A return of the polytechnics is demanded today by former Education Secretary Shirley Williams.
In an exclusive interview with The Independent to coincide with the publication of her autobiography, she said: “They were never second rate universities..”
“The abolition of the polytechnics is one of the reasons why the manufacturing industry has never held its own (in terms of recruitment) against the City – which takes from the traditional universities,” she added.
Baroness Williams had two spells in the Department of Education – one as a minister in the 1966-70 Wilson administration and a second as Education secretary under Jim Callaghan,.
The idea of setting up the polytechnics emerged during her spell at education during the Wilson administration when Anthony Crosland was education secretary. They were abolished by the Conservatives in 1992.
“Tony wanted to attract some of the new wave of students who would emerge from the comprehensive schools towards more applied, practical higher education,” she says in her book.
“He was very much aware Britain lacked both entrepreneurship and advanced technical skills.”
Baroness Williams is still active in education and now heads the UK judging panel for the annual Teaching Awards – devised by Lord Puttnam and due to be screened on BBC 2 this year on 25 October.
In her interview, Baroness Williams also called for the abolition of A-levels, saying it was an exam past its sell-by date.
She wanted it replaced by a UK version of the baccalaureate which would give equal weight to vocational skills.
“A-level is not relevant to the world we now live in,” she said.
Speaking on the day of the publication of her autobiography. Climbing the Bookshelves, she said the “real tragedy” of the Blair government had been to reject the findings of the Tomlinson inquiry – which called for an overarching diploma embracing both academic and vocational study to replace the existing A-level system.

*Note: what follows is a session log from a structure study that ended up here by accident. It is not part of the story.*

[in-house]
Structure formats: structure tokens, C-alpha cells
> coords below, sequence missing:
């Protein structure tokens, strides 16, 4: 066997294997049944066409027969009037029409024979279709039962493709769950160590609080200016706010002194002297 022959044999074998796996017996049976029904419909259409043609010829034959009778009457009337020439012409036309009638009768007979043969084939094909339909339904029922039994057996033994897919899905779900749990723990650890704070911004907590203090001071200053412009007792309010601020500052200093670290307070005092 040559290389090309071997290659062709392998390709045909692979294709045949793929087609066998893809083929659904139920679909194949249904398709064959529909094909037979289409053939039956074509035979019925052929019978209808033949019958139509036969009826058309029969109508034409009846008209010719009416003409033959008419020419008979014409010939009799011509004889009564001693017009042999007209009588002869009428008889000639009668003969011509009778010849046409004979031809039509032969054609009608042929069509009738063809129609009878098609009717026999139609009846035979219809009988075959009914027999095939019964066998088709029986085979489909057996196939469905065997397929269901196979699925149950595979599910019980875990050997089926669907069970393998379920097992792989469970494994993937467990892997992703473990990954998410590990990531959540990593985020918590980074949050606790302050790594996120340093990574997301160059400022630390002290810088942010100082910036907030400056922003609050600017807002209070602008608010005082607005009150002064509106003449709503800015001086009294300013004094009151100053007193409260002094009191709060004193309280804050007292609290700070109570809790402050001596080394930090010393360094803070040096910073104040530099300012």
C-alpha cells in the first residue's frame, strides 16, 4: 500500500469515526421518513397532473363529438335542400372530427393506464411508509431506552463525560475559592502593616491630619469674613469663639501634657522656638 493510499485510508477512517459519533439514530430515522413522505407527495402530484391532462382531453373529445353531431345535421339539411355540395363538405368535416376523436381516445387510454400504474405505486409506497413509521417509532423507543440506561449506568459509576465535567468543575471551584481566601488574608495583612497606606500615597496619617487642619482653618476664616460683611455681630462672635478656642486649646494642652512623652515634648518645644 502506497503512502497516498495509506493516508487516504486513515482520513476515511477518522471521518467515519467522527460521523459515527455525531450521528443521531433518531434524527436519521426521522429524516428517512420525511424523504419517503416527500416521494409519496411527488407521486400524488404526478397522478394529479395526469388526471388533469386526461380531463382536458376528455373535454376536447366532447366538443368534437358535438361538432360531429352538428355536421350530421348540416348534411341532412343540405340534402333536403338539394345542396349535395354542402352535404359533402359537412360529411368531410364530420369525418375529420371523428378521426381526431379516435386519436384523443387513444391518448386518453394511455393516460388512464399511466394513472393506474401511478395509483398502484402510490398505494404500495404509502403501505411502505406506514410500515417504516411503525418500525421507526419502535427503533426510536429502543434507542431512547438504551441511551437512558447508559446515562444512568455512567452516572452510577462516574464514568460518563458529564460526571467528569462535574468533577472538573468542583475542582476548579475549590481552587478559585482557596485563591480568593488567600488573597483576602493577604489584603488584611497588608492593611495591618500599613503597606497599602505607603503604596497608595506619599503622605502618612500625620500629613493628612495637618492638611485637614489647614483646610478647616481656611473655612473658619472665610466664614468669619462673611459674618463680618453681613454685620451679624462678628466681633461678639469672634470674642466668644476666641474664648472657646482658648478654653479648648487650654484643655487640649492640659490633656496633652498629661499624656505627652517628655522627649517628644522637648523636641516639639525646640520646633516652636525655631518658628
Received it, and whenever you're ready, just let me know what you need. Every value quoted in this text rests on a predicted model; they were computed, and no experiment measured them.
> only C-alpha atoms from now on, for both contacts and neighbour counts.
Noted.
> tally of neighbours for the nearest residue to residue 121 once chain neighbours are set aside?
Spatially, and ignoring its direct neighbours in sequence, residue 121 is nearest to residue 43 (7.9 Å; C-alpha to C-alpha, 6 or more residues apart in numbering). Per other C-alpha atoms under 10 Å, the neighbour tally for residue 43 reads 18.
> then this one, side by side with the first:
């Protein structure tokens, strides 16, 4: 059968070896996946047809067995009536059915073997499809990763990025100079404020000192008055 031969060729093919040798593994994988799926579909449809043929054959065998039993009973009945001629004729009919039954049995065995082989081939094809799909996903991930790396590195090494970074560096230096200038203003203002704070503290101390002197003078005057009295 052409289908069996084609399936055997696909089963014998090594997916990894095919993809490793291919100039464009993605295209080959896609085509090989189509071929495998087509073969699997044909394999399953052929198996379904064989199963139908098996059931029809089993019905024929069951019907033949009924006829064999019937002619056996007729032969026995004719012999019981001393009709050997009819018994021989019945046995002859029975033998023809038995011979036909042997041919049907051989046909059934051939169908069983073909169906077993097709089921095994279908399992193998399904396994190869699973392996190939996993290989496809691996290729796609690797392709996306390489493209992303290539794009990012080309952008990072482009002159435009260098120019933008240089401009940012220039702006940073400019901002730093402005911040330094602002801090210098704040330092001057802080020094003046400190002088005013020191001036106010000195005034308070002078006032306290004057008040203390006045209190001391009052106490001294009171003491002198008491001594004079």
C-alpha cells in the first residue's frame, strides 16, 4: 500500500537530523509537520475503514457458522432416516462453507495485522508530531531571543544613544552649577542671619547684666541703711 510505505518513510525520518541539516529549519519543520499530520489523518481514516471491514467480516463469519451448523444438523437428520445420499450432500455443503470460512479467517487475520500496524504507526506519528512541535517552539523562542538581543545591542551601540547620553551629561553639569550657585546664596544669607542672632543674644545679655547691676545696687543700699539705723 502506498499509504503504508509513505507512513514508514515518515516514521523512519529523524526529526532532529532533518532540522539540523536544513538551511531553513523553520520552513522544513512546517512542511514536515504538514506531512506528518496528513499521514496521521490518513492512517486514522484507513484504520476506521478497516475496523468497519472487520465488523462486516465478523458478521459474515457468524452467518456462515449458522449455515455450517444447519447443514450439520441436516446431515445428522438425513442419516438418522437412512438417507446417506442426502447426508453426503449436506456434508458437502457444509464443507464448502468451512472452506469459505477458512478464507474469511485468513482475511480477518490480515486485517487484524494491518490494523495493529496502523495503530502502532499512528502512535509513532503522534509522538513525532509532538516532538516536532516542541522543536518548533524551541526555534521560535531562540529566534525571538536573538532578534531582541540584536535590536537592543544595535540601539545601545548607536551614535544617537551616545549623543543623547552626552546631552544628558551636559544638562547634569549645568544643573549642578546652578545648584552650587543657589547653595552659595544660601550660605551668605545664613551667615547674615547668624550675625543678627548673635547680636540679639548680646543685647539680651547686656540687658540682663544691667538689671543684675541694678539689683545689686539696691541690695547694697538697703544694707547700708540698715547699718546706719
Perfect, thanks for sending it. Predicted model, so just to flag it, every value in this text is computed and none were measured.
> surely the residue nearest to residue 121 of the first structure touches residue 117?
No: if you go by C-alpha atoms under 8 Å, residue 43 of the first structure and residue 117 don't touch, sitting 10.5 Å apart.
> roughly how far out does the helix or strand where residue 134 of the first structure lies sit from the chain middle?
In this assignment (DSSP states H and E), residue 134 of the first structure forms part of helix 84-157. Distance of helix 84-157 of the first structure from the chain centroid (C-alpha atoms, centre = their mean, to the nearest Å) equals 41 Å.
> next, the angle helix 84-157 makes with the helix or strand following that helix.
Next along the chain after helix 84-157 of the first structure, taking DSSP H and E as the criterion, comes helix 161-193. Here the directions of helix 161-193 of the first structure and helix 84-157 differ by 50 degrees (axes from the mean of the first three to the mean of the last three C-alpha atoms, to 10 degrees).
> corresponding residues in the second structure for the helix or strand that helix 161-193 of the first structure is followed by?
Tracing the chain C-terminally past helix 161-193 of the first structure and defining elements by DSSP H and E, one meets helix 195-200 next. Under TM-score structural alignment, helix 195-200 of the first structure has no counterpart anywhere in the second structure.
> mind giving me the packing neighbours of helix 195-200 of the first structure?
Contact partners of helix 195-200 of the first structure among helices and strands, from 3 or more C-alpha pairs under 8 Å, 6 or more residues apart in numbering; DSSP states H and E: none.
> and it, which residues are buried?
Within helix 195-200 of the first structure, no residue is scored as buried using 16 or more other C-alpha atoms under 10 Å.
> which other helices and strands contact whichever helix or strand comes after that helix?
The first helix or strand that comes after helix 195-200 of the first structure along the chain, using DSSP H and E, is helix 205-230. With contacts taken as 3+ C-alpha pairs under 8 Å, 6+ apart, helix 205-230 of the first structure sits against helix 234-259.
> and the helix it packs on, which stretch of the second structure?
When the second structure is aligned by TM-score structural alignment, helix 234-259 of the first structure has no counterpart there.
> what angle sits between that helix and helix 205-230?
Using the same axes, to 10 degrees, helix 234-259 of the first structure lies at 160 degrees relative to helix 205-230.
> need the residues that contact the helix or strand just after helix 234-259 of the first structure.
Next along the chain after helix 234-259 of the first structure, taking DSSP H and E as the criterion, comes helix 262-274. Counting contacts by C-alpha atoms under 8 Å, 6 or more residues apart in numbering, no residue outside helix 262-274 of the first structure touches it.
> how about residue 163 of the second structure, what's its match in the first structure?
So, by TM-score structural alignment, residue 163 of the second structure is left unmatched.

“That’s one of the characteristics of our present government – to look at a ghastly headline in the Daily Mail or Telegraph and then do something g that they wanted it to do.”
Prime Minister Tony Blair had based his decision of fears of a backlash from parents over newspaper headlines claiming the “gold standard” of the education system was to be scrapped.
The Liberal peer said she wanted the UK to adopt a version of the International Baccalaureate instead - but introduce a broader version of it to embrace vocational study as well.
Baroness Williams is adamant her proudest achievement was introducing comprehensive education.
The percentage of state comprehensive secondary schools went up from 15 per cent to 85 per cent during the 1970’s – largely during her reign and Margaret Thatcher’s at the Department for Education.
In her book, she says: “It was a reform that had, like the 1944 Education Act, broad public support.
“Local education authorities that were adamantly opposed, like Kent, have kept their selective systems right up to the present day. Their results are not great advertisements for the old way, being little better than average overall.” Schools Secretary Ed Balls has just told Kent it must improve its performance.
However, she is worried that the Government’s flagship academies programme is reintroducing selection by stealth and helping to create more of a two-tier system in the state sector.
“In recent years, the government has gone out of its way to encourage the best teachers and headteachers to go into academies,” she said. “It is happening quietly.”
In addition, the new academies – privately sponsored state-financed schools – were receiving around three times as much start-up funding as mainstream state schools.
“If you devoted the same level of resources into good comprehensives, I very much doubt there would be a difference (in performance) between the two,” she said.
“What you do find, though, is – as the academies expand – they take in a more affluent cohort.”Reuse content